If this is a story of one person’s journey as well as a history of one horrendous part of World War II, how do the plot and the theme of the book overlap? 

Expert Answers
Ashley Kannan eNotes educator| Certified Educator

In my mind, the question is focused on how the book explores political and personal forms of cruelty.  Part of what makes the book so compelling is that it details how political cruelty and personal cruelty overlap with one another at particular moments in historical consciousness.  What Wiesel uncovers at the end of the narrative for the reader is that consciousness features an experience of pain from cruelty on both political and personal levels that must be recognized in order for it to be stopped.  It is at this point where the plot of Eliezer's story and the themes that result from it overlap.  Both are the explorations of the experience of political and personal cruelty.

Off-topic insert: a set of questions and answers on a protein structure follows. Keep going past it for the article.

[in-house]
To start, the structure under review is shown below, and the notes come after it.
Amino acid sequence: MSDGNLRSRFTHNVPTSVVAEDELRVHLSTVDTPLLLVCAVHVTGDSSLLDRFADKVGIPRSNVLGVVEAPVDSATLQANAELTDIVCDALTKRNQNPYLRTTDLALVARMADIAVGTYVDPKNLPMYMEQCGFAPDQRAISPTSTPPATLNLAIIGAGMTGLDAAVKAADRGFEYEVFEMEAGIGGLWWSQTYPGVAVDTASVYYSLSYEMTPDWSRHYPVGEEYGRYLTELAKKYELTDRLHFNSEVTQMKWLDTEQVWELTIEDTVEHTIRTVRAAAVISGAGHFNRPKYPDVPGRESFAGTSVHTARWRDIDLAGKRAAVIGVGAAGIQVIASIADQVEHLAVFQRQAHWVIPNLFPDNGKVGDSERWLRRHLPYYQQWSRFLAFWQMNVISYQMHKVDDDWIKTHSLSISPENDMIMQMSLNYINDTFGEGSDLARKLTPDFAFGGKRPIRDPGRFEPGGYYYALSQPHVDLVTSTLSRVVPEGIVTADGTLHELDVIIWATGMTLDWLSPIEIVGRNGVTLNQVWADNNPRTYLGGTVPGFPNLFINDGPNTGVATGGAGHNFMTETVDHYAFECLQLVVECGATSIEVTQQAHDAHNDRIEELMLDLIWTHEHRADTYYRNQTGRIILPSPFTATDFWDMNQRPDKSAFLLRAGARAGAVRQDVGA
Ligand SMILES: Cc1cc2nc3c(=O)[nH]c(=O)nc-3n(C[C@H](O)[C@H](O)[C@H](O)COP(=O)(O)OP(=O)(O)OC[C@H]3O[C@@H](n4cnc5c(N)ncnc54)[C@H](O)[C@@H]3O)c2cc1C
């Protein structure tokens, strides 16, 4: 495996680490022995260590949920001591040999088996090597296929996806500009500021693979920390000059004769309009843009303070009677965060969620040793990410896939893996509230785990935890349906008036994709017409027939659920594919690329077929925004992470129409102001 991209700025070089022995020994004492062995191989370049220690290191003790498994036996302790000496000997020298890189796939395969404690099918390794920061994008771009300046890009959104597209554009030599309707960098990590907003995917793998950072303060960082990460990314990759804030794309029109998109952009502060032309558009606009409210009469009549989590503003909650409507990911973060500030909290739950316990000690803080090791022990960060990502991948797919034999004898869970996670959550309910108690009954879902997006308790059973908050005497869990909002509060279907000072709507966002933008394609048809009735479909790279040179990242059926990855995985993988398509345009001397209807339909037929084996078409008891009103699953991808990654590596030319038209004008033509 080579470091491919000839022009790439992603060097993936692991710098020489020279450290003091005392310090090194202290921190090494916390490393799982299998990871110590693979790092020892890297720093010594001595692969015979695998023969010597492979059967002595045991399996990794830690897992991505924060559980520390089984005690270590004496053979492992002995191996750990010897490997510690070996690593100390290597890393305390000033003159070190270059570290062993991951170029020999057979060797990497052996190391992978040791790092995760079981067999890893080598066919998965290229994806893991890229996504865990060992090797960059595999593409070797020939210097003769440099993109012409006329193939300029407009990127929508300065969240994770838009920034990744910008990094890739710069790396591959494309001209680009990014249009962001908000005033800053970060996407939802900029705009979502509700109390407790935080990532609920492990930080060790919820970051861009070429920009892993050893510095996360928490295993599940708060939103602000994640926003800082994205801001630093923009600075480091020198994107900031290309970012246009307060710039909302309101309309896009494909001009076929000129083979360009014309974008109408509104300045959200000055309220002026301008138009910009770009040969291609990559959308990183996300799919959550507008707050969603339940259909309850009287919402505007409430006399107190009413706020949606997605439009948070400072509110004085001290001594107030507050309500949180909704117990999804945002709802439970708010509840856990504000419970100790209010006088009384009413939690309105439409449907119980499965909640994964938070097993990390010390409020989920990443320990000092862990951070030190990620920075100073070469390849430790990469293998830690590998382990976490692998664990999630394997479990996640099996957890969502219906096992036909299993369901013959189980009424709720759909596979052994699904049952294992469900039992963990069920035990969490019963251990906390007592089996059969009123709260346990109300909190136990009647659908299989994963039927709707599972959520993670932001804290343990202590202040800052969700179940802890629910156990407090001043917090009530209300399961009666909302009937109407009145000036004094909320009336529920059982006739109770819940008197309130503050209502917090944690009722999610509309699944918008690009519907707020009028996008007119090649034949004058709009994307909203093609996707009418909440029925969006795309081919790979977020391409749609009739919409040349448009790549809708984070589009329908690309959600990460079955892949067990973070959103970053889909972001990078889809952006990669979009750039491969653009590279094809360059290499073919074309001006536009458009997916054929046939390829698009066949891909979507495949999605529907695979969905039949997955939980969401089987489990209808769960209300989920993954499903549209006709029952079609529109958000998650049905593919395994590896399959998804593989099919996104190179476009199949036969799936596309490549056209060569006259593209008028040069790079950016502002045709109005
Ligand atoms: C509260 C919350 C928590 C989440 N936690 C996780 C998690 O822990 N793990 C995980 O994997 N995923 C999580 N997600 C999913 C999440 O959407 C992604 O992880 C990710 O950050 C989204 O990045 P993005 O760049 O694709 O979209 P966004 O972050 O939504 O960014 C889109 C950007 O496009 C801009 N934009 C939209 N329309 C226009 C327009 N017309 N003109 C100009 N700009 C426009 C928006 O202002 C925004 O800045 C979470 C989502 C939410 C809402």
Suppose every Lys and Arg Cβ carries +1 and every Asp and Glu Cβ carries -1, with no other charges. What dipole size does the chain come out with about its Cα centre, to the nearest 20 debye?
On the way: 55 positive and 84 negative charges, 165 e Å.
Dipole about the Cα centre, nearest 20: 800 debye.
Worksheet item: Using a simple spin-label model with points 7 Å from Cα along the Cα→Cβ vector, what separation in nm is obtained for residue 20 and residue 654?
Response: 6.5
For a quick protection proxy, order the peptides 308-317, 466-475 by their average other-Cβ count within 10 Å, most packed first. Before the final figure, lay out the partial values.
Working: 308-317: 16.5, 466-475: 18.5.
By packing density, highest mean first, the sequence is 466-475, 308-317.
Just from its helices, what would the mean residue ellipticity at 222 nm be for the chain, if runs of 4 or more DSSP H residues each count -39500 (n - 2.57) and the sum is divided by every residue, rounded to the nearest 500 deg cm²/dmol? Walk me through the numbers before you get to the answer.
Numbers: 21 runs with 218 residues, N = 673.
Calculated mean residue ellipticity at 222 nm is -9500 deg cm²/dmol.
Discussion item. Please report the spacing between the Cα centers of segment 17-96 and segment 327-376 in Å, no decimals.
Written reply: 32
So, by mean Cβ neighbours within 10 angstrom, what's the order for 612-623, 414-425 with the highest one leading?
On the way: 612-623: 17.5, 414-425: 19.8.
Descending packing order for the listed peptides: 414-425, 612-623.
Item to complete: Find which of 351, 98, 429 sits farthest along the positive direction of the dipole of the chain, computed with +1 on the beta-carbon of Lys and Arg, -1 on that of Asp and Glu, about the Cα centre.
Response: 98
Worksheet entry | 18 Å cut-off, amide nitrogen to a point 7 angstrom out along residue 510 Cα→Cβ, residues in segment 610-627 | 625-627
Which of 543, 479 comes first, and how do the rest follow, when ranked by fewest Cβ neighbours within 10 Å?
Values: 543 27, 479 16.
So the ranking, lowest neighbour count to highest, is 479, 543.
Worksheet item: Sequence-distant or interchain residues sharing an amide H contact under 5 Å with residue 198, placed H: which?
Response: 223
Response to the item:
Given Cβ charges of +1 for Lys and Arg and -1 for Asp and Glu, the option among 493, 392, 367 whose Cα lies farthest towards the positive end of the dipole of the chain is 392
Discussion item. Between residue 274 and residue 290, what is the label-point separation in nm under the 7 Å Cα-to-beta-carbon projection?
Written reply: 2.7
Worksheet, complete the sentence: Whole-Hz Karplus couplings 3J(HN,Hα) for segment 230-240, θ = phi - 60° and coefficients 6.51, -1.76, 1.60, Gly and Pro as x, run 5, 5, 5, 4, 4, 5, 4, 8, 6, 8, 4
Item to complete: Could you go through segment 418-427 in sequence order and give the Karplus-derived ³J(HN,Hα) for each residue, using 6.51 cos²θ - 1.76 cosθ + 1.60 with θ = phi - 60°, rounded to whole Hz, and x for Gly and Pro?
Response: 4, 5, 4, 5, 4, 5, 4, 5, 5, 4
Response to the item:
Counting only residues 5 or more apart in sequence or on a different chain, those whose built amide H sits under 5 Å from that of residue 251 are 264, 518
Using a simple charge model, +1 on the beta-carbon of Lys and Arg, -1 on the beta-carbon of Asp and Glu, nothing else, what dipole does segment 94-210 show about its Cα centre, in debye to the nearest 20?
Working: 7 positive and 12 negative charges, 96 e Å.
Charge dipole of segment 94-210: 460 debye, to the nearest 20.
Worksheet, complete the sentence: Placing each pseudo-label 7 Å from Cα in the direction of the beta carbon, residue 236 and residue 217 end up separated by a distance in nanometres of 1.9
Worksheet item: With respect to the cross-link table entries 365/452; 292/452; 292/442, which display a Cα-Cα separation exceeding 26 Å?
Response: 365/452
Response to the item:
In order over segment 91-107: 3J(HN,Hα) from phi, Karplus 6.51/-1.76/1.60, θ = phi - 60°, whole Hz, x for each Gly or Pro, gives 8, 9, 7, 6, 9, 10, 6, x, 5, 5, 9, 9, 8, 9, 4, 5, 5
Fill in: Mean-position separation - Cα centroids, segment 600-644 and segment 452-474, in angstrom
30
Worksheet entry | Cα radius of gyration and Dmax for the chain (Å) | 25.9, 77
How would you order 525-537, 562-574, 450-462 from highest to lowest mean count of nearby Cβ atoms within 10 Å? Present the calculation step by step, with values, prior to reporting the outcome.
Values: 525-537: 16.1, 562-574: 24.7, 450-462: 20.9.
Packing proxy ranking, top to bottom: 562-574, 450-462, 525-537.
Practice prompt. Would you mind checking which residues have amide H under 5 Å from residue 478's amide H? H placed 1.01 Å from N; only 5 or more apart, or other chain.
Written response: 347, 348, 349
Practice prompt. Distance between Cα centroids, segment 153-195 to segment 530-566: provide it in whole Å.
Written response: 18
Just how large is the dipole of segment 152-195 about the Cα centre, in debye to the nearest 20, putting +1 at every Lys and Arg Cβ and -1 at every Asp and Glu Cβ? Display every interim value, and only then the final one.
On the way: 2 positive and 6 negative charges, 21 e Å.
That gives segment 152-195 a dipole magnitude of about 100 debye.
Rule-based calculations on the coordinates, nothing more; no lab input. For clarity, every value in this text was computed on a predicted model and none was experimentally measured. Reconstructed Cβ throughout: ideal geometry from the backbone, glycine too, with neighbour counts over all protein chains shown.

One of the themes of Night is the presence of death.  The death seen in the narrative is not necessarily one of natural causes.  Rather, it is one caused by the cruelty of another human being upon another.  The death through hangings, the gas chambers, beatings and firing squads are on the same level as people on a train beating an old woman, or a son abandoning his father. Pain and suffering that is result of cruelty is where plot and theme converge.  The dehumanization that Wiesel feels was so integral to causing the Holocaust happens personally while existing politically.  Silencing of voices transpires in both domains.  The plot developments that show these horrific events are reflective of a thematic experience where death due to cruelty on both political and personal levels becomes real, identifiable with distinguishing features.  Eliezer's journey through these plot developments caused by personal and political forms of cruelty are representative of themes that similarly embrace both realms in the exploration of pain in the human predicament.